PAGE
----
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Limited Edition (Magic: The Gathering)

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Limited Edition Alpha
ReleasedAugust 5, 1993
Size295 cards[1]
(74 common
95 uncommon
116 rare
10 basic land)
Print run2,600,000[1]
KeywordsBanding, First Strike, Flying, Landwalk, Trample, Protection
Expansion codeLEA (LA)
Limited Edition Beta
ReleasedOctober 1993
Size302 cards (75 common, 95 uncommon, 117 rare, 15 basic land)
Print run7,300,000[1] or 7,800,000[2]
KeywordsBanding, First Strike, Flying, Landwalk, Trample, Protection
Expansion codeLEB (LB)
Alpha Unlimited

Magic: The Gathering Limited Edition is the first Magic: The Gathering card set. It premiered in a limited release at Origins Game Fair in 1993, with a general release that August. The initial print run of 2.6 million cards sold out quickly, and a new printing run was released in October 1993. These two runs are known as Limited Edition Alpha and Limited Edition Beta, or just Alpha and Beta for short. Although Alpha and Beta are referred to as different sets by some, officially they are the same set; Wizards of the Coast had expected that people wouldn't necessarily be able to tell the two press runs apart. Beta fixed a number of misprints and errors on cards. The printer accidentally used different corner rounding dies for the second run, resulting in Alpha cards being noticeably distinct in shape and appearance from Beta cards and all subsequent cards.[3][4][5] The Beta printing also included a revised rulebook with a number of clarifications, although creator Richard Garfield's short fiction "Worzel's Tale" was removed to make room. The print run of Beta is given as 7.3 million[1] or 7.8 million[2][6] depending on the source. Despite the set's print run being about three times as big as Alpha's, Beta sold out as quickly as its predecessor.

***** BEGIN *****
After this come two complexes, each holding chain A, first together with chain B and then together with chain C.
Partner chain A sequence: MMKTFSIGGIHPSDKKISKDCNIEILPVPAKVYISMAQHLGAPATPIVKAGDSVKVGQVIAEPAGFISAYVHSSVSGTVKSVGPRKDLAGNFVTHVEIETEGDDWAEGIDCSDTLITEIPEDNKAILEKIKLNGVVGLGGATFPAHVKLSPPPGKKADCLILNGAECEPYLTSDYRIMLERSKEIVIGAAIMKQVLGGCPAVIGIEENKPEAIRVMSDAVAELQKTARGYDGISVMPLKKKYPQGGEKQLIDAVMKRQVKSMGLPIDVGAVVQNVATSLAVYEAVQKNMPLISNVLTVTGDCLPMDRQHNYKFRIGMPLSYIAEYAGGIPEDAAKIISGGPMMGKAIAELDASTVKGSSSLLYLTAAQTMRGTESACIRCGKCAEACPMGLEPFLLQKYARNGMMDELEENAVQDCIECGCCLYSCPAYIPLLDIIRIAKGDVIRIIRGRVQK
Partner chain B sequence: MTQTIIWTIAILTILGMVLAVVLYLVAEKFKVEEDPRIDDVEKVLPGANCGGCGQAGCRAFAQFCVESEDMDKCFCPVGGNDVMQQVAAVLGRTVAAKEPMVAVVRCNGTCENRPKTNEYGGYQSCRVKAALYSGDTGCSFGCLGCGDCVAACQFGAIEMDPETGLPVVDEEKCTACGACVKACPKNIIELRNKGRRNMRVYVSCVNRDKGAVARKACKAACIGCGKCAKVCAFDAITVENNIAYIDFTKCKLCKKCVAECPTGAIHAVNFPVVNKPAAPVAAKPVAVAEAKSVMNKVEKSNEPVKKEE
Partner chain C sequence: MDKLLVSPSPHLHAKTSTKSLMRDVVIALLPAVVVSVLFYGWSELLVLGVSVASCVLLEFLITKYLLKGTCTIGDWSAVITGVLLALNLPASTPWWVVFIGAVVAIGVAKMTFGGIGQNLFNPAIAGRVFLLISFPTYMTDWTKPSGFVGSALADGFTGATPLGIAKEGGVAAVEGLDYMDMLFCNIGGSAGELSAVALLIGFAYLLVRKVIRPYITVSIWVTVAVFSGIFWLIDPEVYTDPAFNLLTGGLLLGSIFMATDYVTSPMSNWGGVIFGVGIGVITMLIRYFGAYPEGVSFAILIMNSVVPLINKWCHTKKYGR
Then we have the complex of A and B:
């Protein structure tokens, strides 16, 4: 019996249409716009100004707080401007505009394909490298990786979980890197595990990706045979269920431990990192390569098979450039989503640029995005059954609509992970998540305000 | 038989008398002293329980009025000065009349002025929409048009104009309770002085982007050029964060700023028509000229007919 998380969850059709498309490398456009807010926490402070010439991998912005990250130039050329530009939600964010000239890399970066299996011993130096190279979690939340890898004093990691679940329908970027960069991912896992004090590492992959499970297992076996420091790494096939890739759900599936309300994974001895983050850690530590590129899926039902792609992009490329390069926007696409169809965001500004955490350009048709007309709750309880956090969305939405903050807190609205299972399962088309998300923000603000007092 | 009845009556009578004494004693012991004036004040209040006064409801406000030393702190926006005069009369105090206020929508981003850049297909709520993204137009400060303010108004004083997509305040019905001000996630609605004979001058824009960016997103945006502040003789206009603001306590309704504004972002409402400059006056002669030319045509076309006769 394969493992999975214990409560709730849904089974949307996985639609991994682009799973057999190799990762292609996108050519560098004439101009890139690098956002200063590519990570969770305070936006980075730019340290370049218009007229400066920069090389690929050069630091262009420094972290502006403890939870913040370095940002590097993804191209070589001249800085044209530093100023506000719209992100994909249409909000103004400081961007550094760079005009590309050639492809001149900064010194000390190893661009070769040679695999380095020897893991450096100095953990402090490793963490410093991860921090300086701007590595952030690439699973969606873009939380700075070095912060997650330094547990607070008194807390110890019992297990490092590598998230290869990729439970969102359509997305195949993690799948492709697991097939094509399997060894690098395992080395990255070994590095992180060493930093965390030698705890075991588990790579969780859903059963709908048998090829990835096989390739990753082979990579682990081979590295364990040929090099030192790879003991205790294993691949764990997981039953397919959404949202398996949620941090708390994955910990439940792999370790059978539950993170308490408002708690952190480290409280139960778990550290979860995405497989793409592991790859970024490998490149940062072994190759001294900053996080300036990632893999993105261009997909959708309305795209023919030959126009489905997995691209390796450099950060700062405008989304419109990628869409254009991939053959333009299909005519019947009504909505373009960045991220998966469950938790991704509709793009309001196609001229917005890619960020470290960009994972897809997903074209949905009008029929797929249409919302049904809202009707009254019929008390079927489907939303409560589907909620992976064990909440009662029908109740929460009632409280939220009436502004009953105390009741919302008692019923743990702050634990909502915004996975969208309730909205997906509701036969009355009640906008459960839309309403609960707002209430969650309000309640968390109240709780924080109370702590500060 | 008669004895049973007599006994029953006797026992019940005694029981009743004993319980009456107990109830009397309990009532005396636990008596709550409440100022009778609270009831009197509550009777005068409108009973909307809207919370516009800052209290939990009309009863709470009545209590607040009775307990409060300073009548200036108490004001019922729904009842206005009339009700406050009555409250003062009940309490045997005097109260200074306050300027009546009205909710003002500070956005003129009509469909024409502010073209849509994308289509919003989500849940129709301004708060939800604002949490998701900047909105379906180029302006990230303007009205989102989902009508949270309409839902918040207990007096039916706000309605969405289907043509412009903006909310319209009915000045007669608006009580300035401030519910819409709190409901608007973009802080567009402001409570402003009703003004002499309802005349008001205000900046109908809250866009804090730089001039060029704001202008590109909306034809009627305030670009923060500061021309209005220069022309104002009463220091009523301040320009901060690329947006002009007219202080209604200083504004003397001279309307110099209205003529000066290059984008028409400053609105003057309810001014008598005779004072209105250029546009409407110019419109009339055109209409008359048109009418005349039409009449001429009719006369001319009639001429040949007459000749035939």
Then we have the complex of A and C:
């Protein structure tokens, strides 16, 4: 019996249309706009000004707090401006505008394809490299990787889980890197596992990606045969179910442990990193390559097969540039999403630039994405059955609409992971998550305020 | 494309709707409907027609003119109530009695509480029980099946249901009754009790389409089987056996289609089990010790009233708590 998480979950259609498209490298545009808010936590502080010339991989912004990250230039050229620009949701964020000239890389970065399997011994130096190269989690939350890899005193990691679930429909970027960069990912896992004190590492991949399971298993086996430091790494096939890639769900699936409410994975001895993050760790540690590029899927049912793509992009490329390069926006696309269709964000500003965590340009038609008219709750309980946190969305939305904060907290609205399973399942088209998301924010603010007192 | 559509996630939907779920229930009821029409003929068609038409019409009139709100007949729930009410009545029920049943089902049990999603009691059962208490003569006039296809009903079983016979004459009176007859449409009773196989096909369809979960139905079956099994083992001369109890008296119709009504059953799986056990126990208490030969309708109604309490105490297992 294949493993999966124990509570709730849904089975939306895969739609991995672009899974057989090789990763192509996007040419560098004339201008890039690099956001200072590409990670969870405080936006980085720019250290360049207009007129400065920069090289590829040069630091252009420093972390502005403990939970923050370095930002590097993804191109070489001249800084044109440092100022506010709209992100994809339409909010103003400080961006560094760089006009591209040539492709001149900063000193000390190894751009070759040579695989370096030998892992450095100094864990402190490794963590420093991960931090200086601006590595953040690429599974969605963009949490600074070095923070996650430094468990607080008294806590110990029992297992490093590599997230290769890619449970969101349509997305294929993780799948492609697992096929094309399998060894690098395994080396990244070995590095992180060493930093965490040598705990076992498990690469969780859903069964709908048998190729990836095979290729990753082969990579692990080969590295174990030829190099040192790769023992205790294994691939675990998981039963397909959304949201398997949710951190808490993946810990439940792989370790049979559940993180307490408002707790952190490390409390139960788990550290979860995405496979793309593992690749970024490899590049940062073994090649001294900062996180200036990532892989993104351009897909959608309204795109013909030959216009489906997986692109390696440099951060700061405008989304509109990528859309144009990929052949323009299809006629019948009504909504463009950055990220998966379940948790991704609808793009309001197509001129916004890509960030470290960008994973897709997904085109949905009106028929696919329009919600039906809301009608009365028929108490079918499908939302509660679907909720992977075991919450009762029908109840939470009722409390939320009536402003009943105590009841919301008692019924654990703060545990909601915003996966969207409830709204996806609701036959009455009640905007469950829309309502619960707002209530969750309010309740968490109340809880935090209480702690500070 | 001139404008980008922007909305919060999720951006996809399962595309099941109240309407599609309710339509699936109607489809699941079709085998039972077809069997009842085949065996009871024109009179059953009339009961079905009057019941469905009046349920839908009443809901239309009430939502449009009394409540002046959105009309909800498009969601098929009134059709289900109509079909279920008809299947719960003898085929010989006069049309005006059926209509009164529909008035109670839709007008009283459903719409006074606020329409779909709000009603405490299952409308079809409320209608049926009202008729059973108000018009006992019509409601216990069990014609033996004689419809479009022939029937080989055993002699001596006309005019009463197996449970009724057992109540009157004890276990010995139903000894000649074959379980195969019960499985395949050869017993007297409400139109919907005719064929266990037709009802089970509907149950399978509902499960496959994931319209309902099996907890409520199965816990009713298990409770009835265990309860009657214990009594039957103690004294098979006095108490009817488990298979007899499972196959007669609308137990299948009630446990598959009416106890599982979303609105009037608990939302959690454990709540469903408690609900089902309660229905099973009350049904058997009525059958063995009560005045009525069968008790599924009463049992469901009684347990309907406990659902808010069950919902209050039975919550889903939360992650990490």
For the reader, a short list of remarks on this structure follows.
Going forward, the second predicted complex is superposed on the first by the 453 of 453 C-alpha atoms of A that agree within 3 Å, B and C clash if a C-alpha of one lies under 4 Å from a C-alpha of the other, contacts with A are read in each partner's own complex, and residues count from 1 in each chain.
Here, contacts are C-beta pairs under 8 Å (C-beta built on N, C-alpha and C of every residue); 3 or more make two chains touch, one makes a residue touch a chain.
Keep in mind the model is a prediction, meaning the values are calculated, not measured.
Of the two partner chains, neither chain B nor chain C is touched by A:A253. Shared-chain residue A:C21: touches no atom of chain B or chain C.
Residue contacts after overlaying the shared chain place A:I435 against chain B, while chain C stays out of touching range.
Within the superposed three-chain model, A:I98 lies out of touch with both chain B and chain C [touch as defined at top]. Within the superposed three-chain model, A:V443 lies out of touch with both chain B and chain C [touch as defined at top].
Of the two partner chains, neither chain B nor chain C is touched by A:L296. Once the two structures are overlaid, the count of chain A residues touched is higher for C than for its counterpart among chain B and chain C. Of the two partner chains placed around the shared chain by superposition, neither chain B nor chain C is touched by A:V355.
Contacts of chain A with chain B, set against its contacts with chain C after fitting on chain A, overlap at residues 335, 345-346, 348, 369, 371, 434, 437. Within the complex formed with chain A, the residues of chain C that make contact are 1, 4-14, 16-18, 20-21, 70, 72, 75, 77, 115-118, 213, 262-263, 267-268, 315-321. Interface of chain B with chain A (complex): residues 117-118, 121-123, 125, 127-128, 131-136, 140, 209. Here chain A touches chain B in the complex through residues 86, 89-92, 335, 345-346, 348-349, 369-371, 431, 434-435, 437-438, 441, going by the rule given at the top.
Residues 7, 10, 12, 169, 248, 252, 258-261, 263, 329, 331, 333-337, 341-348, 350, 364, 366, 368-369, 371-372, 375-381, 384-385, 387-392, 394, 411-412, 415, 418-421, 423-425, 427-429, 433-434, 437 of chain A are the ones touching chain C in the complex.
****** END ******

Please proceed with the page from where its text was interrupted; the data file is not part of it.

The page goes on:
Limited Edition cards have no expansion symbol, no copyright date, and no trademark symbols; the text on the bottom left consists only of an artist credit.[3][4]

Set history[edit]

Card fronts of early Magic cards: Alpha on left, Beta on right.

Originally, the designers and playtesters of the new card game intended the name would simply be "Magic". However, the lawyers at Wizards of the Coast advised that the name was too generic to be trademarked, and was thus changed to "Magic: The Gathering". The original intent was that each Magic expansion would have a different subtitle; while the first Magic set would be "The Gathering", future sets could be labeled as "Magic: Arabian Nights" or "Magic: Ice Age". When it was decided that the backs of Magic should be identical regardless of the expansion, the name "Magic: The Gathering" would appear prominently on the back of every Magic card. "Magic: The Gathering" thus became the name of the entire game instead of "The Gathering" only being the subtitle referring to the first release.